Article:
Antioxidants are compounds that protect cellular health by neutralizing the damage that is caused by free radicals. But, what do antioxidants do? In short, they prevent cell and tissue damage. Free radicals are unstable molecules that are a normal byproduct of the body’s metabolic processes and can also be found in the environment as well as our diet. They are made unstable by the fact that they are missing electrons. Their search for electrons leads them to damage cells and tissues. The body, however, has developed a defense system to handle free radicals and stabilize them so they can no longer perpetrate their damaging effects. This is through a network of compounds and molecules that have excess electrons they are willing to donate, called antioxidants. Antioxidants can range from vitamins and minerals such as vitamin C and zinc, to other molecules found in fruits and vegetables, in particular the polyphenols. These are compounds that impart the bright colors to plants at the same time as participating in their self defense and protecting them from illness and predators. It just so happens those polyphenols serve the purpose of conferring antioxidants benefits in humans.
Polyphenols vary in chemical structure with the defining factor of these molecules being the presence of a phenol ring. This sets them apart from other plant compounds. While polyphenols are not always absorbed intact by humans though the digestive tract, they often serve as food for the microbiome, the plethora of bacteria and other organisms that make up or digestive flora. These organisms metabolize polyphenols from the diet and the metabolic byproducts are absorbed through the intestinal tract where they buttress the body’s own antioxidant defenses.
How is Antioxidant Activity Measured?
There are numerous ways that scientists have developed to measure the antioxidant capacity or potential of various foods and supplements. One method that was developed by US Department of Agriculture (USDA) scientists more than a decade ago is called the ORAC score, or Oxygen Radical Absorbance Capacity. As the name suggests, the ORAC score is simply a measure of how well antioxidant foods or nutrients absorb various types of oxygen free radicals. While this measure does not always indicate how well a food or nutrient works in the body at absorbing free radicals for some of the reasons mentioned above (including the fact that polyphenols are first often metabolized by our gut bacteria before being absorbed), the ORAC value does give an indication of how powerful a food or nutrient is at quenching free radicals. So, what foods are high in antioxidants? Let’s look at what the USDA data says.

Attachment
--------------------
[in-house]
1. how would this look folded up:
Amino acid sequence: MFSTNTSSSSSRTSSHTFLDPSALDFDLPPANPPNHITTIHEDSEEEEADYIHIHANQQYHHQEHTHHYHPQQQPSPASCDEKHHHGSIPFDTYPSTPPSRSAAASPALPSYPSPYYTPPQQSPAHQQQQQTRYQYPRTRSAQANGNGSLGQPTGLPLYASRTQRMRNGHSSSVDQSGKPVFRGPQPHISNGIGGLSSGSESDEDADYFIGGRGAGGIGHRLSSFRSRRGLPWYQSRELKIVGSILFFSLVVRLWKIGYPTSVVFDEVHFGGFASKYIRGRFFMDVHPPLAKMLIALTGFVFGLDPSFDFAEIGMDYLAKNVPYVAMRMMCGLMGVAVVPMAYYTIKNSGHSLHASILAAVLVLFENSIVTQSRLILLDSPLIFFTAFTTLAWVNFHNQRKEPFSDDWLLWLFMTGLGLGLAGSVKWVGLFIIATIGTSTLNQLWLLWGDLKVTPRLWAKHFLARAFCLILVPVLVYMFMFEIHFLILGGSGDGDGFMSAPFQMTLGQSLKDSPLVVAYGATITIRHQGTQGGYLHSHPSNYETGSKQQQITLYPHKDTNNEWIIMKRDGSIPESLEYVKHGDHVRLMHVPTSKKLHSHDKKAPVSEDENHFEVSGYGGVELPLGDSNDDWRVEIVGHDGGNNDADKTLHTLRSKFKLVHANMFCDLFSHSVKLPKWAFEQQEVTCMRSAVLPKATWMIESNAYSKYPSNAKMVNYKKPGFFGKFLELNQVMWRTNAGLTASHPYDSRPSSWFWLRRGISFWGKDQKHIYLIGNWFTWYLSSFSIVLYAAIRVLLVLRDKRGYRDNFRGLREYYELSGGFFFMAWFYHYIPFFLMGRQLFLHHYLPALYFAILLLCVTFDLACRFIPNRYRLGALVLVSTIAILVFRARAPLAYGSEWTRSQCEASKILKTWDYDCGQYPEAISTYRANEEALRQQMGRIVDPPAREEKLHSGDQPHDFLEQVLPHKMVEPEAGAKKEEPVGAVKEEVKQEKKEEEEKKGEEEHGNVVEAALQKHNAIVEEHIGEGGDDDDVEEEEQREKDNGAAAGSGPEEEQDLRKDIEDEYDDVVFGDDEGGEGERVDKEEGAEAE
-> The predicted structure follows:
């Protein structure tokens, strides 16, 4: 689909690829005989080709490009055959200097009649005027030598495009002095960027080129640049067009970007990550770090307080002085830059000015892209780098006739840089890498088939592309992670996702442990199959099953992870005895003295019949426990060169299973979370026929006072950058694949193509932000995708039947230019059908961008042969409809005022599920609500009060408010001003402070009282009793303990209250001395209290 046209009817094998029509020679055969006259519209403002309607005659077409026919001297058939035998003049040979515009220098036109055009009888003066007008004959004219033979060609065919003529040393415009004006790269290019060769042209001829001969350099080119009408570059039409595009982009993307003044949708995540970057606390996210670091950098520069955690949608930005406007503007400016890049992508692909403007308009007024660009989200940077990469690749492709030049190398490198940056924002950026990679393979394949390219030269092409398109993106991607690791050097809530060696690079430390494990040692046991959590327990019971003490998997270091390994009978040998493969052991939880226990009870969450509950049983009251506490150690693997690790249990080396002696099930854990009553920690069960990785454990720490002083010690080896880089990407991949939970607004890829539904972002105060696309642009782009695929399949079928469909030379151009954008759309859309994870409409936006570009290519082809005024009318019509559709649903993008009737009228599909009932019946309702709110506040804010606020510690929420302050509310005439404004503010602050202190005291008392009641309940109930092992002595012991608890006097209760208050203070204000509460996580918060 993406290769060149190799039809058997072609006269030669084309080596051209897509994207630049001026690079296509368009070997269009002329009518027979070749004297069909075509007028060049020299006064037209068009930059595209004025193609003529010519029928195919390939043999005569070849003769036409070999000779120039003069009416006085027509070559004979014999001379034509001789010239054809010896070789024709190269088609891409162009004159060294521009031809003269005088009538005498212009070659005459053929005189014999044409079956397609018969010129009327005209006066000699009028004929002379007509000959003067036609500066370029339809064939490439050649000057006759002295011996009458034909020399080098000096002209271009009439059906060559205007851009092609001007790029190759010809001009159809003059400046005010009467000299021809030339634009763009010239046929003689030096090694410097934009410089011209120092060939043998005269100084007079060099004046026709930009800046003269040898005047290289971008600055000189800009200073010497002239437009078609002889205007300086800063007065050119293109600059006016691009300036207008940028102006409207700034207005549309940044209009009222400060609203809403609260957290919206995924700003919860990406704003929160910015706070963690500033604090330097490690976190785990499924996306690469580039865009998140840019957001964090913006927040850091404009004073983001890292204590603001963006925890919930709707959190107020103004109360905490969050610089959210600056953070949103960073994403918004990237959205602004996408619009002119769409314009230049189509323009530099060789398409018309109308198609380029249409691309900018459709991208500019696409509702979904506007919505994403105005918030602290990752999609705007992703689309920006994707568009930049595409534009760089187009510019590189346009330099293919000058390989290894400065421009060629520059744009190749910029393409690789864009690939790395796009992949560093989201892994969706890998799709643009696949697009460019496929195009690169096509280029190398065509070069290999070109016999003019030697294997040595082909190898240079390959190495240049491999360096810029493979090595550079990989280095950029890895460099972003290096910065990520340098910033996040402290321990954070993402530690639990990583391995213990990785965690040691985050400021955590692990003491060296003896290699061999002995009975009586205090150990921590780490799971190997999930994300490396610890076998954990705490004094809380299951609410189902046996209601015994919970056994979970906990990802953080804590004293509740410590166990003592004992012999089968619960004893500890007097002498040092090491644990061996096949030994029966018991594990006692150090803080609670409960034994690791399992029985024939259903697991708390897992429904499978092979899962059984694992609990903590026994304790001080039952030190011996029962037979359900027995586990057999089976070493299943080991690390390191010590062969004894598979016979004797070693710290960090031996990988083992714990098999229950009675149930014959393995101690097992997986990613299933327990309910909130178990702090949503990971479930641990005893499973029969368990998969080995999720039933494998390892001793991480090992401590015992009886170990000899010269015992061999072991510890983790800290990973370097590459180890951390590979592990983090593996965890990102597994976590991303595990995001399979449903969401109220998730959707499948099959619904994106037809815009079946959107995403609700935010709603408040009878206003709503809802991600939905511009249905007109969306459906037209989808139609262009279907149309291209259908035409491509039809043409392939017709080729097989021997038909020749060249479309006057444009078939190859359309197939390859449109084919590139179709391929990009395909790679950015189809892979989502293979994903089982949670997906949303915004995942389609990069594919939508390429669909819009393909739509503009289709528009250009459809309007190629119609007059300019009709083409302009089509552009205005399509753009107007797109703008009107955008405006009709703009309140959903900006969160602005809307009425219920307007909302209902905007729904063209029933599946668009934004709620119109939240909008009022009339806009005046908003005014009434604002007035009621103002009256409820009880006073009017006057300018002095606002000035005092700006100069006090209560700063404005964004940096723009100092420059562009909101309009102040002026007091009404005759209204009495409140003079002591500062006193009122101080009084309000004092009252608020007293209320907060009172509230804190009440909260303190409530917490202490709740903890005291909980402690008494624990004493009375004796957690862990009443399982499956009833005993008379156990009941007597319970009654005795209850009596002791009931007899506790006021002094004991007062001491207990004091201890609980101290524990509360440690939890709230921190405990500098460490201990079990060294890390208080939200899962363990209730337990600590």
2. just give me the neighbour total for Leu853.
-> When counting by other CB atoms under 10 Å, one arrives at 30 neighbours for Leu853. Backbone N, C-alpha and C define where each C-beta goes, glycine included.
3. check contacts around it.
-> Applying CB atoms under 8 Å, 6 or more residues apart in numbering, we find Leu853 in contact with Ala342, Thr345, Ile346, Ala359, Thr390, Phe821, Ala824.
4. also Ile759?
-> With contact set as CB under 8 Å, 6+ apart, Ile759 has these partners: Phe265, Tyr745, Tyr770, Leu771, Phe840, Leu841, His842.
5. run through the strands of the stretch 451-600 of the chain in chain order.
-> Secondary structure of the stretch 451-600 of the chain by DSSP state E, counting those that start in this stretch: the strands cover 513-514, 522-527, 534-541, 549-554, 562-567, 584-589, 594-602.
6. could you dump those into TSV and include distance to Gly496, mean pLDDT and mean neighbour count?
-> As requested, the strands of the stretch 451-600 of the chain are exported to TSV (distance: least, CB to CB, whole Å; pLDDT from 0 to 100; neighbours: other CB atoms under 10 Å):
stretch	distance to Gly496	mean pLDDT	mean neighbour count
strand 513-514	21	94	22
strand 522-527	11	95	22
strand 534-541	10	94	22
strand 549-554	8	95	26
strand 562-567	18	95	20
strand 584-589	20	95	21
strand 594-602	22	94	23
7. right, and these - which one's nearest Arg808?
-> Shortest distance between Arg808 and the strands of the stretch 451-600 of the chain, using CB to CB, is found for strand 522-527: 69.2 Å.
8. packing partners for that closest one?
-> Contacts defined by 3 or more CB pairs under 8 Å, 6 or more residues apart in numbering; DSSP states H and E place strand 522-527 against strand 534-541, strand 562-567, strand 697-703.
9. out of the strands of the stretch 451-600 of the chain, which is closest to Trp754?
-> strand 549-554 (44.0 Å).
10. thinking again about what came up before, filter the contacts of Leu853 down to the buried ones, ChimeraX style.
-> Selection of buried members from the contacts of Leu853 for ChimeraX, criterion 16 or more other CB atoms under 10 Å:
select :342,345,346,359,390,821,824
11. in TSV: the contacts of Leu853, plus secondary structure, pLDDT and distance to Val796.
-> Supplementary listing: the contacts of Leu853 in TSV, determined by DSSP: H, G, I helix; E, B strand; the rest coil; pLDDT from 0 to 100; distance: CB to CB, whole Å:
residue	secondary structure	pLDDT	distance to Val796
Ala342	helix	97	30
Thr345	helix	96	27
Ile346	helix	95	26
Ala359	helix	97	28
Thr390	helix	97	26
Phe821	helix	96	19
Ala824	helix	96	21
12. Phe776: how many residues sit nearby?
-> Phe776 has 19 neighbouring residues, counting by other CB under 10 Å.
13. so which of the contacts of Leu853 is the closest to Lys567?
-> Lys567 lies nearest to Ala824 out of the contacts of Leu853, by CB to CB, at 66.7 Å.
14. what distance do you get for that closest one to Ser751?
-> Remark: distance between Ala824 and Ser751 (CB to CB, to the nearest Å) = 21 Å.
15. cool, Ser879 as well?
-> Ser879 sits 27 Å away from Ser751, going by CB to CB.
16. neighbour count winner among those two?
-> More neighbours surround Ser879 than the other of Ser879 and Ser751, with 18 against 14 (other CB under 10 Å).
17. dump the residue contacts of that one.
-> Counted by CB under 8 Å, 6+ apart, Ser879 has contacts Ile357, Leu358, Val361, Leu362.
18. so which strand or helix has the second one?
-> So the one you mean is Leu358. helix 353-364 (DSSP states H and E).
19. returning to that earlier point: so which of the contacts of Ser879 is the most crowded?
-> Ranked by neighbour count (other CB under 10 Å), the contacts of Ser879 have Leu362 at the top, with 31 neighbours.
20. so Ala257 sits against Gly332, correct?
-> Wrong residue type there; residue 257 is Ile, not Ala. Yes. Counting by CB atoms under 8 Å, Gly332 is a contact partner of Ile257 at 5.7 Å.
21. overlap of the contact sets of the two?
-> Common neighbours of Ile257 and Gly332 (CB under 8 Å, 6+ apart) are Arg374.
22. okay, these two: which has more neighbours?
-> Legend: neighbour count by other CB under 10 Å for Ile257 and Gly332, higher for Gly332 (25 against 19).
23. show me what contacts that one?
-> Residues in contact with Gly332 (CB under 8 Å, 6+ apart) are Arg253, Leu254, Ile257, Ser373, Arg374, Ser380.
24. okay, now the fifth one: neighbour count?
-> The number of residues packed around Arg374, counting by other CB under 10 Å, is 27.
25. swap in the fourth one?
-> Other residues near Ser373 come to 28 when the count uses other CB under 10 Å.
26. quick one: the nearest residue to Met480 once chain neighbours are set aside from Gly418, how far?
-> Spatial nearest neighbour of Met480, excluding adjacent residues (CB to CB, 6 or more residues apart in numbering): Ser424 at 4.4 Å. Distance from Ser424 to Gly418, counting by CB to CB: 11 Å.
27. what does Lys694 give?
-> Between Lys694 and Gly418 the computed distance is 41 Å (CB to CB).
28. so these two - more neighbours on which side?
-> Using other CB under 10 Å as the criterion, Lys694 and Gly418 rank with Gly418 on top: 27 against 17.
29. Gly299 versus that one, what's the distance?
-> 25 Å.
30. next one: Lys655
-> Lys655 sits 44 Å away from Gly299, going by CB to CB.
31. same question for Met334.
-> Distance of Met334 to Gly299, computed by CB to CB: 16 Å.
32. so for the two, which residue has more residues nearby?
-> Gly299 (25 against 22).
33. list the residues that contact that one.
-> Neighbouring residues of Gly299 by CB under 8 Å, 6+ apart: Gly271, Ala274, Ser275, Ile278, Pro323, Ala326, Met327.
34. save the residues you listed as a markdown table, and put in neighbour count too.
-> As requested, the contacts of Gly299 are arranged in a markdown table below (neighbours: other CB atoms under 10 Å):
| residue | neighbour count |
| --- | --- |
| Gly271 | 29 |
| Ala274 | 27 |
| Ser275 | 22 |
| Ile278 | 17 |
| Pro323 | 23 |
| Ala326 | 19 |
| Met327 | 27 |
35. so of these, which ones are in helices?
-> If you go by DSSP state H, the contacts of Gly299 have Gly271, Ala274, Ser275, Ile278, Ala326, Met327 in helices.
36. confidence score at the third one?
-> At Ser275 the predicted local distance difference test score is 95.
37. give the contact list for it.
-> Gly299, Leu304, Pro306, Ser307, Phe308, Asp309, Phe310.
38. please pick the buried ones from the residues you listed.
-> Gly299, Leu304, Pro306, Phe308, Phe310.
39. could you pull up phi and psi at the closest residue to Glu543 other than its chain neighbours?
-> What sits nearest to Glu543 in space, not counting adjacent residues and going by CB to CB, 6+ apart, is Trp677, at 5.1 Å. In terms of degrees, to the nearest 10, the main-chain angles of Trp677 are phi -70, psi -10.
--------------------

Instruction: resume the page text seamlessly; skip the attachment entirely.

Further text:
What Fruits are High in Antioxidants?
Fruits that contain high levels of polyphenols tend to make the list of foods high in antioxidants, based on the ORAC score. Naturally, this would include berries, including blueberries, blackberries, strawberries and raspberries. Per 100-gram serving (about 3.5 ounces of whole fruit), blueberries came in at 2,400 ORAC units, followed by blackberries at 2,036, strawberries at 1,540 and raspberries at 1,220 units.
Some of the other top-scoring fruits on the USDA list include plums, oranges, red grapes, cherries, and kiwi. What about superfoods? Depending on the list being referenced, fruits that are considered superfoods are off the chart from an ORAC perspective. As an example, elderberries came in at a whopping 14,697 ORAC units per 100-gram serving! That’s powerful support! What is elderberry good for? Well, elderberry is known for its potent ability to support immune health. It does this in a few different ways, including its ability to counteract the effects of viruses and reduce inflammation; but a key to elderberry’s ability to support immune health is its antioxidant potential. Given the high ORAC score elderberries tested out at, it makes sense that these berries would be efficient antioxidants and contribute to promoting immunity.
What About Vegetables?
The top-rated veggies on the USDA ORAC list include leafy greens such as kale, spinach, and brussels sprouts. Kale has an ORAC score of 1,770 units per 100 grams, while spinach and brussels sprouts came in at 1,260 and 980 units per 100-gram serving, respectively. Other top-ranked veggies including beets, red bell peppers, onions, corn, and eggplant.
So, from a dietary point of view, no matter how you cut it, fruits and veggies are a must and focusing on those antioxidant rich foods that have a high ORAC value is critical for health.
When diet falls short, supplementing with antioxidants in the form of dietary supplements is a good fallback plan to fill the gaps. A good multivitamin with a broad range of antioxidant vitamins and minerals such as vitamins A, C, and E and the minerals zinc and selenium is a strong bet to reinforce the body’s antioxidant defenses. More targeted antioxidant supplements, such as those for immune health containing vitamins C and D, along with zinc and elderberry, or more specialized antioxidants including glutathione and N-acetylcysteine may also be helpful for those needing added support.
Whether you consume foods high in antioxidants or fill in the dietary gaps with antioxidant supplements, ensuring an adequate intake of external antioxidants can go a long way in supporting your body’s innate antioxidant defenses so it can keep your cells and tissues healthy for years to come.
- High-ORAC Foods May Slow Aging. https://www.ars.usda.gov/news-events/news/research-news/1999/high-orac-foods-may-slow-aging/